In Dragon Seed, Pearl S. Buck returns to her beloved China to explore an important question: does killing change people into killers?
Ling Tan is an illiterate farmer. He and his wife Lao San have three married children and a younger son and daughter.
When the Japanese invade China, Ling Tan and the other farmers hope that by being civil to the conquerors, they can lead fairly normal lives.
They are merely fooling themselves.
The invaders rape and pillage, then set up local puppet governments to systematically bleed the country.
Ling Tan and his family organizes a local resistance. But Ling Tan worries about whether the killing at which he and his family become adept will not fundamentally change them, dehumanize them. Secret radio broadcasts from the Allies give them courage to wait for the light for the invaders to be repelled.
With its secret rooms, guerrilla raids, and the constant threat of exposure hanging over the characters’ heads, Dragon Seed will attract more readers today than Buck’s better known novel The Good Earth. Dragon Seed covers less time and has more action, much of it horrifying, though tastefully presented. It also has a vivid characterizations and a wealth of telling detail.
Above all it has that nagging question every thoughtful person must consider in an era of conflict: does killing change people into killers?
Pearl S. Buck
John Day, 1942
1942 Bestseller #3
My Grade: A-
Photo credit: “Chinese Landscape” showing rice paddies and mountains near the town of Yangshuo in Southern China. Uploaded by bewinca http://www.sxc.hu/photo/905398
© 2012 Linda Gorton Aragoni
John Steinbeck’s The Moon is Down, a tale about life in an occupied country, is as timely today as it was when in 1942.
An invading army captures a European town in a matter of minutes, meeting minimal resistance, thanks to meticulous planning and help from a respected local businessman.
The youthful soldiers think that because the invasion was so easy, the occupation will be easy too. General Lanser knows better. He knows the locals will rebel against the army of occupation. He knows, too, that the way the military deals with rebels creates even greater resistance. He would prefer to control the town by manipulating the mayor.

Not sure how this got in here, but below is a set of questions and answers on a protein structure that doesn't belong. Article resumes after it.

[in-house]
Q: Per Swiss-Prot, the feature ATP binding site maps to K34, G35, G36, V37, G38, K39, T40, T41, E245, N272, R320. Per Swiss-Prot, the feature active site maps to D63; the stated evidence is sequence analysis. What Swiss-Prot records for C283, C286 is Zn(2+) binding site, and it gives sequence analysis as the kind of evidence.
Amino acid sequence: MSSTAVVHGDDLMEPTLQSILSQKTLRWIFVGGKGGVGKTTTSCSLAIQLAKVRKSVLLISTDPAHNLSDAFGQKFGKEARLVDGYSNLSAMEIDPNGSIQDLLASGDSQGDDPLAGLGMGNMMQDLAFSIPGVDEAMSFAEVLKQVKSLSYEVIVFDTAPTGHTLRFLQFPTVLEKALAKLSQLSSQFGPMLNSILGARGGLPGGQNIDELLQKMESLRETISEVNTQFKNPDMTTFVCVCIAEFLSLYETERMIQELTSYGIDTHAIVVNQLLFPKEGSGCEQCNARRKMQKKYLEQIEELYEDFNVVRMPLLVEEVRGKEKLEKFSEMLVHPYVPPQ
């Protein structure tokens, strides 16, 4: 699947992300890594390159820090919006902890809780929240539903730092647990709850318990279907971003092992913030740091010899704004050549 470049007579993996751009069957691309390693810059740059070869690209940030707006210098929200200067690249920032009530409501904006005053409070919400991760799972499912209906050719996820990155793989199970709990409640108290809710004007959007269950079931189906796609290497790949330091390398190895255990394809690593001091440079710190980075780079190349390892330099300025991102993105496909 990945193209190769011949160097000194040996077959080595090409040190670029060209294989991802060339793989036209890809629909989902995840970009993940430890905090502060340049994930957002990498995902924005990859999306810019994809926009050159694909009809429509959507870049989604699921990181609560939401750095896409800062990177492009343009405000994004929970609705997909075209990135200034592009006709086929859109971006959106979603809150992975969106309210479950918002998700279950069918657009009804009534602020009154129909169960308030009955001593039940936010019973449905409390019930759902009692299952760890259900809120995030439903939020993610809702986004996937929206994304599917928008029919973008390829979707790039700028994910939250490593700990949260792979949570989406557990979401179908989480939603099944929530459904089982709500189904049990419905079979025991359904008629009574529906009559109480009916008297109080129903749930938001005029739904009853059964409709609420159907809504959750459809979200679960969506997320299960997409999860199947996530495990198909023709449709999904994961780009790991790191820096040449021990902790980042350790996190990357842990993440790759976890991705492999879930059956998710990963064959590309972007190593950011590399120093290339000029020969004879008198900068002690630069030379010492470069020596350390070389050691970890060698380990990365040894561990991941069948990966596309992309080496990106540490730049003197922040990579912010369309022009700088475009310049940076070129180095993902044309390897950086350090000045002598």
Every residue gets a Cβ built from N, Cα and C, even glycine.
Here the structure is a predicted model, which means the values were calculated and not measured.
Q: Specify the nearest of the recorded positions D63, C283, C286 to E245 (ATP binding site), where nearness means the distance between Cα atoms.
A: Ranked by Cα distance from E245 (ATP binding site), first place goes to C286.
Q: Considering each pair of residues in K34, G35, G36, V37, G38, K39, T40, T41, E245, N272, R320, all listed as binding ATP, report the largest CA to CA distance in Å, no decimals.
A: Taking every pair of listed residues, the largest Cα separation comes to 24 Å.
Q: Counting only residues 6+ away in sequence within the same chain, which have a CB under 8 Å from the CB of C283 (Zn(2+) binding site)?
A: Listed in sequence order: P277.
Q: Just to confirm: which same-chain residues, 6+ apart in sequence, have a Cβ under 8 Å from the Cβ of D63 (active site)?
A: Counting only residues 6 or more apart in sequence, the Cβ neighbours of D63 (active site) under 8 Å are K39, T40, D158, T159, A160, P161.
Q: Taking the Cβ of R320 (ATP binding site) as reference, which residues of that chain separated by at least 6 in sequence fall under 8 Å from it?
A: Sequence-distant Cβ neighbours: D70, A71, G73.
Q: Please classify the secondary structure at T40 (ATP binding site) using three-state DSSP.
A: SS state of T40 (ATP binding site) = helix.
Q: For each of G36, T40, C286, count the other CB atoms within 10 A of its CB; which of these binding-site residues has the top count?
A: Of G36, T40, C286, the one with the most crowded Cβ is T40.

The mayor, however, sees himself as an instrument of the people, not their ruler. After the army executes a miner for refusing to dig coal, the mayor quietly helps his people organize a resistance movement. “Free men…can fight on in defeat,” he says.
As Lanser feared, the army orders him to execute hostages to punish resistance. He starts with the mayor.
Steinbeck draws his characters with swift, sure strokes, telling just enough, letting the cast reveal the rest of what readers must know. The plot is carefully constructed; the action moves swiftly, inevitably to the climax.
The Moon is Down
1942 Bestseller #2
My Grade: A
Photo credit: “Tuscany” uploaded by Prootman http://www.sxc.hu/photo/866487
© 2012 Linda Gorton Aragoni
Daughter of Silence opens with Anna Albertini shooting the mayor of San Stefano to death at noon before turning herself in to police.
There’s no doubt Anna is guilty of murder. The only question is whether mitigating circumstances should be considered in her sentencing.
In a plot reminiscent of Robert L. Traver’s Anatomy of a Murder, Morris L. West follows Anna’s defense team as they probe for soft spots in the law.
Carlo Rienzi is the handsome defense attorney hoping to make his name with the case, Peter Landon the equally handsome forensic psychiatrist hoping to boost his career with the case.
The courtroom drama is offset by bedroom drama in the small San Stefano community. Carlo is jealous of his unfaithful wife. Both Carlo and Valeria resent her father, in whose law firm Carlo works. Ascolini is a great man to his law students, a nasty piece of work to his family.
Landon, meanwhile, has fallen for artist Ninette Lachaise who once had an affair with Valeria’s current lover.
The novel’s ending is predictable. The characters, while fascinating, are people you’d just as soon forget.
The real mystery in Daughter of Silence is why somebody didn’t murder all the characters: it wasn’t for lack of motive.
Daughter of Silence
By Morris L. West
William Morrow, 1961
1961 bestseller # 8
My Grade: B-
© 2011 Linda Gorton Aragoni